Science Lab Safety Package: SALE

Hello everyone! I just finished completely revamping all of my middle school lab safety resources. The PowerPoint has a new look and now comes with a student notes sheet, a teacher notes sheet, and a modified student notes sheet for SPED students. The questions on the quiz did not change but the quiz overall has a slightly new style.  The rules and scenarios activity has a new look as well.

These resources come in a thirty-two page package worth $8.50, but for the next few days they will be on sale for ONLY $3.50. Get them now and be prepared for your first science unit in the fall!

Get the Science Lab Safety Package here.

 Safety Package

What's Growin' in My Classroom: April 2015 Secondary Smorgasbord

Do you use card sorts in your science classroom? I like using them with my middle school students. Card sorts can be used in a variety of ways. They are a great way to see what students know going into a new unit. They can be used to practice new concepts. Or they can be used to review material your students haven't worked with for awhile. 

 Physical and Chemical Changes Card Sorting Activity
My seventh grade science students always enjoyed card sorts, and we especially used card sorts during our physical science unit. We brought out card sorting activities for elements, compounds, and mixtures; homogeneous and heterogeneous mixtures; the changes in states of matter; and physical and chemical changes. 

My students liked card sorts because they could work together with classmates while they classified the cards. It felt like a game. I liked the card sorts because they allowed me to meet the needs of all the students in my class. The card sort was great for my many ELL students because each card had both words and pictures. The kinesthetic learners benefited as well because they could move and arrange the cards.  The advanced students could provide rationale for each of their classifications or create their own examples to add to the card sort. Students who needed more practice with the content could work with partners who could explain the material while sorting the cards.

 Physical and Chemical Changes Card Sorting Activity
Another thing I liked about using card sorts in my classroom was the versatility. The activity could take as little as five minutes by having students quickly sort the cards and checking their answers. Or the activity could last up to forty-five minutes, which allowed for students to record their answers, explain and defend their classification choices, and answer reflection questions. It was also flexible because it could be used as a unit introduction, a way to practice new material, a quick check of understanding, or a review. The activity could easily turn into a fun class competition by seeing which group correctly sorted the cards the quickest.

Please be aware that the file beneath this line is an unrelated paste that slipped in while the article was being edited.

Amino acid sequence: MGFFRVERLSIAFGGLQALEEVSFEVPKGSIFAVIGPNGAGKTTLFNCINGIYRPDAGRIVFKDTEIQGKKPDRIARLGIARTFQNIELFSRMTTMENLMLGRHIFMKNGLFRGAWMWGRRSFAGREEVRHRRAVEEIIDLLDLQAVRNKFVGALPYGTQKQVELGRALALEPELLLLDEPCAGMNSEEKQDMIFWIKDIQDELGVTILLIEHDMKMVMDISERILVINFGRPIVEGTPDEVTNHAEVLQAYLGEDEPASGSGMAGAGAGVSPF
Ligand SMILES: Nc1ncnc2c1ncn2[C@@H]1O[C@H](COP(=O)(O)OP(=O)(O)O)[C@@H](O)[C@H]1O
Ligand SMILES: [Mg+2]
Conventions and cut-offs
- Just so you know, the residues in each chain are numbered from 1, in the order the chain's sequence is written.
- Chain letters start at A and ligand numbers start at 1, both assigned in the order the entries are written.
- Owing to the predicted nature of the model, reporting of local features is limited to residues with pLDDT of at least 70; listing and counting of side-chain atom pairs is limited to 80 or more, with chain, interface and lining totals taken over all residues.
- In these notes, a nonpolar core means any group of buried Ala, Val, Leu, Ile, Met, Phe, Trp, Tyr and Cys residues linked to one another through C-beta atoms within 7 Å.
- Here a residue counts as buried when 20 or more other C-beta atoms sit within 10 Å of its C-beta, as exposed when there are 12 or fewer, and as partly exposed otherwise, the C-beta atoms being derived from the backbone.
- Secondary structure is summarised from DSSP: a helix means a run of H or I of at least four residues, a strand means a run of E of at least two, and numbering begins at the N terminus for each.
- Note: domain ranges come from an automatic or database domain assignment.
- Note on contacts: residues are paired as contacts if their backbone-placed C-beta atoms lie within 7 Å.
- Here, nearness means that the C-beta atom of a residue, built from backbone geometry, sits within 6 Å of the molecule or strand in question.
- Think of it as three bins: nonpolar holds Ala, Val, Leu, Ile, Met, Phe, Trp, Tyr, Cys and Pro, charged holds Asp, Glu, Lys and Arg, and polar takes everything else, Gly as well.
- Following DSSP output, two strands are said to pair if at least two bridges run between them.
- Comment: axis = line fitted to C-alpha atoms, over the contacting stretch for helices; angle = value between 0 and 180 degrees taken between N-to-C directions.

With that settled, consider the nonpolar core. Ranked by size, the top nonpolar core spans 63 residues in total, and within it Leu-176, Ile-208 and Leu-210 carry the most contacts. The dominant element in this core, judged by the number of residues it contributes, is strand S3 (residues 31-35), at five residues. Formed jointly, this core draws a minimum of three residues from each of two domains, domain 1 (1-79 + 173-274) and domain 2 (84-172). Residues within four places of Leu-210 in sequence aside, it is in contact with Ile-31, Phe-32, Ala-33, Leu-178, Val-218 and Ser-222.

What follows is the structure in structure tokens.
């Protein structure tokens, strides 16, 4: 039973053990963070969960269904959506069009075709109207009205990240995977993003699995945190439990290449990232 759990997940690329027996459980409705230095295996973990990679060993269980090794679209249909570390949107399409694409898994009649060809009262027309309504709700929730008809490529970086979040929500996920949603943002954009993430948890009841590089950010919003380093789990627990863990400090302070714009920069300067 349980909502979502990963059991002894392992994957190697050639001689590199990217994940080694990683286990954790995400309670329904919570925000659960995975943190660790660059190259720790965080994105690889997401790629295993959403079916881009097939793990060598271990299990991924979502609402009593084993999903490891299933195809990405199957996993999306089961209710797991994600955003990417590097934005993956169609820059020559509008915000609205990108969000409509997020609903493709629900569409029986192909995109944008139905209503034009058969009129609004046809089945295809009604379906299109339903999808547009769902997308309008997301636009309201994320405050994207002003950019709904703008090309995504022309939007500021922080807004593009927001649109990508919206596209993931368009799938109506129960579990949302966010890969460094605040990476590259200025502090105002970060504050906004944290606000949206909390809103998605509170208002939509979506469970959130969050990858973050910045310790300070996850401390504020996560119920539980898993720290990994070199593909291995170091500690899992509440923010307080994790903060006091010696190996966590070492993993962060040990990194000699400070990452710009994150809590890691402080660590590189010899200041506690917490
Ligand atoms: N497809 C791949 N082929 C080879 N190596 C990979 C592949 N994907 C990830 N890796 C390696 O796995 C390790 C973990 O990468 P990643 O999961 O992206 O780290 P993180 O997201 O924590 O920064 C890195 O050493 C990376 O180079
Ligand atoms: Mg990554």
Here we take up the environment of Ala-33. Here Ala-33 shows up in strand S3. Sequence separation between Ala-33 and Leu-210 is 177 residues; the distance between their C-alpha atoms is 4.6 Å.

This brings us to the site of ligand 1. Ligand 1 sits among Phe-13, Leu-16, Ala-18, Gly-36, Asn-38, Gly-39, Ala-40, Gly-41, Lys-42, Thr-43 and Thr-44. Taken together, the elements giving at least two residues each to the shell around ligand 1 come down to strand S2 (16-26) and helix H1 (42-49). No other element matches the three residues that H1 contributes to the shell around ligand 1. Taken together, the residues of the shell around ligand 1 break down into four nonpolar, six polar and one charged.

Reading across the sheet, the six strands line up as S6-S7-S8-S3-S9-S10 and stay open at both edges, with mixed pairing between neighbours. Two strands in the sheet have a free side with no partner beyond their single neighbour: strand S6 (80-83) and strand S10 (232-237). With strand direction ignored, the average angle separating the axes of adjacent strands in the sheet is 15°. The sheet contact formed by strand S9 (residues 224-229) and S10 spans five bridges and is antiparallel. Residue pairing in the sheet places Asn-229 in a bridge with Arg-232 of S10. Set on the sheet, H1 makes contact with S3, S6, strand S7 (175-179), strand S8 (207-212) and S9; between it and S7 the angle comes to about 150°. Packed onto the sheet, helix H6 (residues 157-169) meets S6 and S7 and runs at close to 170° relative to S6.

Take a look at the many different card sorts I have used with my seventh grade science students.

Thank you ELA Buffet and  Desktop Learning Adventures for arranging and including me in this Smorgasbord!

Learning Regular and Irregular Verbs

About two months ago I began teaching English to all ages of students in Korea. Something I've noticed my Korean students are having trouble learning is the past tense of verbs. Regular verbs, like "play," are easy for most of my students because simply adding -ed changes the verbs to past tense. Once my students understood that, regular verbs became easy for them. However, irregular verbs are more difficult.

 Past Tense Worksheets with Regular and Irregular VerbsThe past tense of irregular verbs can be tricky because there is no addition of -ed; the irregular verb changes. For example, "run" changes to "ran" and not "runned."  Learning irregular verbs seems to be a matter of memorization. Because of this, my students need plenty of practice and repetition. To help them, I created three different worksheets. The first worksheet focuses on regular verbs only, and the second worksheet only gives practice with irregular verbs. The third worksheet is a combination of regular and irregular verbs. All worksheets have two parts and a total of fifteen questions. In the first part the students change verbs from present to past tense. In the second part the students change present tense sentences to past tense sentences.

The first worksheet, Past Tense: Regular Verbs, my students breezed through with little assistance. They needed a lot more help with the second worksheet. I started class by writing some examples of irregular verbs on the board. Sometimes the students knew the past tense form or were able to guess. Other times they needed to be told the past tense form. We did most of the second worksheet together in class.

Before the final worksheet, Past Tense: Regular and Irregular Verbs, I made a chart on the board with student given examples of verbs. I had the students then identify the regular and irregular verbs. We made present tense sentences with each of the verbs and then changed those sentences to past tense. The sentences we made together were simple so we were able to better focus on the verb changes. "They play in the park." turned into "They played in the park." After this practice, the students completed most of the worksheet on their own.

 Past Tense Worksheets with Regular and Irregular Verbs

Since my students still need practice memorizing the past tense of many irregular verbs, I'll have them make flashcards to practice with. I also might try a card game like Concentration. Or I might have the students sit in a circle and have one student give a verb and the next student say the verb and give its past tense. Going around the circle, each student would repeat what the previous student said and then add a new verb.

Find the worksheets I created for my classroom by clicking here.

Past Tense Worksheets with Regular and Irregular Verbs